Individual effort is key to generate income and escape from poverty. In small-scale societies in developing countries, where effort and resulting income are easily observable, social comparison can influence effort in both positive and negative ways.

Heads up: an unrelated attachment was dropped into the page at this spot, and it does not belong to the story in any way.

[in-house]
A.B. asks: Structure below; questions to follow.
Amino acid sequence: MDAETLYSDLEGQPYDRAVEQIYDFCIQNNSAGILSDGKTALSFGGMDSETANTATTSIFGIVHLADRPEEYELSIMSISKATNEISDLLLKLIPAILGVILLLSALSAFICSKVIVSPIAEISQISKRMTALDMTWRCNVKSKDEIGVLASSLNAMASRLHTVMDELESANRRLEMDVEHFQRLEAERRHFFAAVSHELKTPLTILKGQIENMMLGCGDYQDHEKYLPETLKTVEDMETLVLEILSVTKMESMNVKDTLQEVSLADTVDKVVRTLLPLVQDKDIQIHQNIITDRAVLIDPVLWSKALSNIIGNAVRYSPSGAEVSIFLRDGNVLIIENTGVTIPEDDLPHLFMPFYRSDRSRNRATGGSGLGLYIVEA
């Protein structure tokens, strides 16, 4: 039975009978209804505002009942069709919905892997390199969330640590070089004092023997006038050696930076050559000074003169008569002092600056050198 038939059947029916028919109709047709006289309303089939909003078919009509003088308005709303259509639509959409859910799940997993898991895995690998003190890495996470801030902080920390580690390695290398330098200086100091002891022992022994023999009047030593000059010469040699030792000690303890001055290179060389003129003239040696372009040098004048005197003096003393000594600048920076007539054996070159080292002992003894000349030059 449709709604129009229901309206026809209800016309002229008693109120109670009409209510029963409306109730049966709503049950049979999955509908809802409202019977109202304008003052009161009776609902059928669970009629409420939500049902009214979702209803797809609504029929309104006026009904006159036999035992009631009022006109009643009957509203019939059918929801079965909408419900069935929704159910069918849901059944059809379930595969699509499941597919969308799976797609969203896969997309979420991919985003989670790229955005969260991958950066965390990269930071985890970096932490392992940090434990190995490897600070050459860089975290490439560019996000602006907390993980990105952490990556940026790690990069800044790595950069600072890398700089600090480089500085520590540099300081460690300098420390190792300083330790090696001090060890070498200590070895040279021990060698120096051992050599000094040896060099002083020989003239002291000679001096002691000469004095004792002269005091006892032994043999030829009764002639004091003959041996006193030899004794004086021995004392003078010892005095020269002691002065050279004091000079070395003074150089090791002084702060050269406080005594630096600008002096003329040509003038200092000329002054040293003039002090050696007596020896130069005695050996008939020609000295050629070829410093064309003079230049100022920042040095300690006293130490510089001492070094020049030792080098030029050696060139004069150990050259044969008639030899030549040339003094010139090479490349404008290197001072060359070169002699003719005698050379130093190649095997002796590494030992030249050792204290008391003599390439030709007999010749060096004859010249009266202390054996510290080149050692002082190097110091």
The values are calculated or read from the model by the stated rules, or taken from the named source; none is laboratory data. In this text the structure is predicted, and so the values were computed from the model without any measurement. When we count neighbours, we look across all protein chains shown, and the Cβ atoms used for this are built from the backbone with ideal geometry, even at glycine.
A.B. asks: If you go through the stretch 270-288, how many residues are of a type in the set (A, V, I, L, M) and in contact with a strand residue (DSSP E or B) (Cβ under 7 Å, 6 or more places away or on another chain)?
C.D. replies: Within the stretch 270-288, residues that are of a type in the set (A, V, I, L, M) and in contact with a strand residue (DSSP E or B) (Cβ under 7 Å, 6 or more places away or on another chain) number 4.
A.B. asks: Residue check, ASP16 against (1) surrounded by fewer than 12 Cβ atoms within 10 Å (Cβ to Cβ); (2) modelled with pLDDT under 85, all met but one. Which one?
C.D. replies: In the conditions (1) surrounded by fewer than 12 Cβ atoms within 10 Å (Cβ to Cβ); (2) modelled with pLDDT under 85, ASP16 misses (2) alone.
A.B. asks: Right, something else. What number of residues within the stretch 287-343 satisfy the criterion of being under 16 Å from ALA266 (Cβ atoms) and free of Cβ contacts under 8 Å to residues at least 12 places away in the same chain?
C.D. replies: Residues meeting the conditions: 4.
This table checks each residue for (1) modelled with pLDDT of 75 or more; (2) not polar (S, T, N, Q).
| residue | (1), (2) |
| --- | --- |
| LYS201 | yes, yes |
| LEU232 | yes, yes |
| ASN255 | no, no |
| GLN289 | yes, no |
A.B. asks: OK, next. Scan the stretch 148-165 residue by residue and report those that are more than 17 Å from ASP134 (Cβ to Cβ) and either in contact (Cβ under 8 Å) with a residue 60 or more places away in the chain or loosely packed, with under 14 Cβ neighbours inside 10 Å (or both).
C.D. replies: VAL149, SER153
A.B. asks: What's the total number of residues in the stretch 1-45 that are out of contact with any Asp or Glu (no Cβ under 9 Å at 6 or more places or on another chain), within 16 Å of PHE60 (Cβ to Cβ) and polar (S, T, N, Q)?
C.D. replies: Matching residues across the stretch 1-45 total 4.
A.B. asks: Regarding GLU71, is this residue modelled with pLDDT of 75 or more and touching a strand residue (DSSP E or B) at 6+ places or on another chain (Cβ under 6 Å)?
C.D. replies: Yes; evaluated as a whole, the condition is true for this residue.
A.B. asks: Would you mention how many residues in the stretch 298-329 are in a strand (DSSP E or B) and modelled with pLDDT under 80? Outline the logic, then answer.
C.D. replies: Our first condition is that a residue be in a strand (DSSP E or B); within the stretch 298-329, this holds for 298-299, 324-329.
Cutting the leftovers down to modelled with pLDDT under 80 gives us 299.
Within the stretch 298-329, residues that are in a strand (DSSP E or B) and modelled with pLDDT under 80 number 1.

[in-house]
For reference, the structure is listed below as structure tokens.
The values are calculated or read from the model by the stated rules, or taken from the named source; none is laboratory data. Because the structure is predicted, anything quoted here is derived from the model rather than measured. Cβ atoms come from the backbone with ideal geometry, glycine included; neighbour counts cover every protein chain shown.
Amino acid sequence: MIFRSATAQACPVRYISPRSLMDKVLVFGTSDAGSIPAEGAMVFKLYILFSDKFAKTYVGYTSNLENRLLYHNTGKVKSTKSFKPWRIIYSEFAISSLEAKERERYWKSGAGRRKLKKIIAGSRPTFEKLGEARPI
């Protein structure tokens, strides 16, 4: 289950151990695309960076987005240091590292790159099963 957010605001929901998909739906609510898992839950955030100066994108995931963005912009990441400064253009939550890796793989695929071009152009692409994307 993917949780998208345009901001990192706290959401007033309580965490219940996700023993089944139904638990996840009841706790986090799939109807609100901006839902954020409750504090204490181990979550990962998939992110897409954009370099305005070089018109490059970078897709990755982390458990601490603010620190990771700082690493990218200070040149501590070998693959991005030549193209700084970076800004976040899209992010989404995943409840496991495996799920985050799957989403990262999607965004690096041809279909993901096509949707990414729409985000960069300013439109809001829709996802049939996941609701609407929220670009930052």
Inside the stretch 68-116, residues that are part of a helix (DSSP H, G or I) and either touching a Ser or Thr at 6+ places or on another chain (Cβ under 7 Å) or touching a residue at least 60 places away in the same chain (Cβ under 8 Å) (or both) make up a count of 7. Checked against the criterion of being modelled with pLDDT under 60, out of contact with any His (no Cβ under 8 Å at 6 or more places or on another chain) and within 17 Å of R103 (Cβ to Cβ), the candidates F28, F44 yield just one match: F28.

To study the effects of social comparison, we use a lab experiment in which participants conduct a real-effort task characterized by a quantity-quality trade-off. We experimentally vary whether 1) feedback is provided about peers’ performance and 2) one can reduce peers’ by so-called “money-burning”. We find that feedback about peers’ performance increases the earnings of low-performers as they shift effort from quantity to quality.